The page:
By comparing the morphological features of Pleistocene bear fossils (Arctodus simus and Ursus spelaeus) with that of modern bears, scientists report that analogous cranio-mandibular structures indicate that even the prehistoric hyper carnivores had omnivorous tendencies.
These and other findings provide clues as to the niche plasticity and the ability of mammals to adapt to fluctuating climates.
'Knowing what the extinct bears ate is of utmost relevance to finding out about the evolution of carnivore niches in the Pleistocene when climatic conditions were changing', explains Borja Figueirido, lead author of the study and researcher for the Ecology and Geology Department of the Faculty of Sciences at the University of Málaga.
Figure Above: Landmarks used for describing cranial and mandibular shape. Cranium: (1) most postero-dorsal border of the canine alveolus, (2) most antero-dorsal border of the canine alveolus, (3) most antero-dorsal border of the I3, (4) most anterior edge of the nasal bones, (5) dorsal outline directly superior to post-orbital process, (6) dorsal outline directly superior to the end of the zygomatic arch, (7) most postero-ventral point of the occipital crest, (8) intersection between the occipital condyle and the occiput, (9) intersection between the occipital condyle and the paraoccipital process, (10) ventral tip of postglenoid process, (11) posterior edge of the upper tooth row, (12) point between the upper carnassial and the first upper molar, (13) anterior edge of the upper tooth row, (14) postero-dorsal border of the zygomatic arch, (15) dorsal tip of the frontal process of the zygomatic arch, (16) orbit midheigth, (17) ventral tip of the post-orbital process, (18) ventral intersection between the zygomatic arch and the axilla.Mandible: (1) antero-dorsal border of the incisive alveolus, (2) postero-dorsal border of the canine alveolus, (3) intersection between the trigonid/talonid notch of the lower carnassial and the dorsal border of the alveolus of this tooth, (4) posterior edge of the lower tooth row, (5) posterior edge of the coronoid process, (6) most posterior edge of the articular surface condyle, (7) tip of angular process, (8) ventral outline below the mesial end of the tooth row, (9) ventral outline below the trigonid/talonid notch of the lower carnassial, (10) most ventral point of the symphyseal region. Scale bar equals 5 cm. Deviations of the specimens analyzed from the consensus configuration of landmarks are shown.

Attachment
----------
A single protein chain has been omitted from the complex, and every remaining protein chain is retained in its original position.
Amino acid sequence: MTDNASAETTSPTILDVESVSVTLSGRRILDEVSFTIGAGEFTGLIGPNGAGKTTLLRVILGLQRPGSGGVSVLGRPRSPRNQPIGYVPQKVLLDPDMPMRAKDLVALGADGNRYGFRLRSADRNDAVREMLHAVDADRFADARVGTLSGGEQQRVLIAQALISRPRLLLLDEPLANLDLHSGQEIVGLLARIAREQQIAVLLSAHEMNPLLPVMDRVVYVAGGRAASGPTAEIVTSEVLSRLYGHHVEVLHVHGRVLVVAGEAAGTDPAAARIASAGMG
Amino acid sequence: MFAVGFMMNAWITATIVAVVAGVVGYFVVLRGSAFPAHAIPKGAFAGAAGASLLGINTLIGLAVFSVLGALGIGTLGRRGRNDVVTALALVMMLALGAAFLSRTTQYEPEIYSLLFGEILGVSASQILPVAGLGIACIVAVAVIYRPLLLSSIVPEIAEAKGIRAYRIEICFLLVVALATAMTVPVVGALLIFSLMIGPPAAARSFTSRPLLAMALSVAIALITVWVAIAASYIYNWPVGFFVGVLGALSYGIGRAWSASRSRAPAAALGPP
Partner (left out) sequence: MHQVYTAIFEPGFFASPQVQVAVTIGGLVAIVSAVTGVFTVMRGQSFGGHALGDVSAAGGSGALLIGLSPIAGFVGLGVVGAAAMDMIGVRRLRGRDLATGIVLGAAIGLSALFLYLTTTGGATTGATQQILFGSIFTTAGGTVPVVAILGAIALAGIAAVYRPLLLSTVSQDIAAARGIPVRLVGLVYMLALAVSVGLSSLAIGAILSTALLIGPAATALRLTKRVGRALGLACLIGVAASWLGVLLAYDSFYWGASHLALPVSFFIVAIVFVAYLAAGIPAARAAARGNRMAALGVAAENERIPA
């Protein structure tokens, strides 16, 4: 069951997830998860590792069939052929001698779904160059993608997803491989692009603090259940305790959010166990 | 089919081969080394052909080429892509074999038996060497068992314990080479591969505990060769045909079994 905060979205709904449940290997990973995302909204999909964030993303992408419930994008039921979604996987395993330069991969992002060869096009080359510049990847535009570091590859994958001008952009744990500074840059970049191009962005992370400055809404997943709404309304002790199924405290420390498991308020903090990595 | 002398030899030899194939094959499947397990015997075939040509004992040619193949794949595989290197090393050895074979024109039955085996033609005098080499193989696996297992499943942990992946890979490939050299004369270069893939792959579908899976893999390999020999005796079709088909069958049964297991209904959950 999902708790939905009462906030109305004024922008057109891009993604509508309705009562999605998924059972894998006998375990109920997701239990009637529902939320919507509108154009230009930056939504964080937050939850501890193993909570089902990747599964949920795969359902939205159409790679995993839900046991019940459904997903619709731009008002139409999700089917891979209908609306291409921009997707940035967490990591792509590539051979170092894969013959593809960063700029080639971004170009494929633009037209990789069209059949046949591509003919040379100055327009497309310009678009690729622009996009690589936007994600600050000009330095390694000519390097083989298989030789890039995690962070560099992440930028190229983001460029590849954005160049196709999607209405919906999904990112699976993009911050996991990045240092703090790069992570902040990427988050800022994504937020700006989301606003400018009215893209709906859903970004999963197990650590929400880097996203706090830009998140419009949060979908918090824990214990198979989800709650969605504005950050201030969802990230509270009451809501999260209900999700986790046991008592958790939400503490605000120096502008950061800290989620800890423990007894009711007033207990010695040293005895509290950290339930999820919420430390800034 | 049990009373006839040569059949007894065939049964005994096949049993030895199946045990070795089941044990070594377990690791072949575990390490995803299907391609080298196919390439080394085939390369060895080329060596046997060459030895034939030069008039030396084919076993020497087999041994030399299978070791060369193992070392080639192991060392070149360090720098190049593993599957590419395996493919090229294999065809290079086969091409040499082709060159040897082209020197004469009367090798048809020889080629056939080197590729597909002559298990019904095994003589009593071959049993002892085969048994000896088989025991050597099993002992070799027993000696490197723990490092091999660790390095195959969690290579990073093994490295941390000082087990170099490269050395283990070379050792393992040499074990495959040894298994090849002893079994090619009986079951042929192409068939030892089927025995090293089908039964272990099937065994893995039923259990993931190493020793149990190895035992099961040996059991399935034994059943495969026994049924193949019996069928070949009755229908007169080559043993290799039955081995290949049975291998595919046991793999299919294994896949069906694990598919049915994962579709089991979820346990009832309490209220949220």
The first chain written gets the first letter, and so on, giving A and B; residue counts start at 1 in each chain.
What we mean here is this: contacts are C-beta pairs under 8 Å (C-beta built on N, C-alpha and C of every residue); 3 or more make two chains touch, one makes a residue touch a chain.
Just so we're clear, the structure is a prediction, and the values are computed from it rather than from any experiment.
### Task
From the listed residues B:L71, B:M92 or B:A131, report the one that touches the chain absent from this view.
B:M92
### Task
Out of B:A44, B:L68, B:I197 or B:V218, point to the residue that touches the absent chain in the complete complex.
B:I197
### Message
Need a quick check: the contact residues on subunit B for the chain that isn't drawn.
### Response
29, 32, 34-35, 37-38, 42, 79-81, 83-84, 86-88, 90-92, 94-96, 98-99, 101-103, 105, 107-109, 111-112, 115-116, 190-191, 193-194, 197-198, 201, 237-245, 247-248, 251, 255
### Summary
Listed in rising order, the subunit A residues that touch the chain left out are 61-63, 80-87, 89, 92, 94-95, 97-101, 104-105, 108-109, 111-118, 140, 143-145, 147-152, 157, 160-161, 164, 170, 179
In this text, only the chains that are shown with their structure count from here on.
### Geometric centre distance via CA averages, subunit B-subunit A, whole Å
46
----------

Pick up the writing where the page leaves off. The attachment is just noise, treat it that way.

Read the research article published in the Journal of Zoology - HERE.
Figueirido, B., Palmqvist, P., & Pérez-Claros, J. (2009). Ecomorphological correlates of craniodental variation in bears and paleobiological implications for extinct taxa: an approach based on geometric morphometrics Journal of Zoology, 277 (1), 70-80 DOI: 10.1111/j.1469-7998.2008.00511.x
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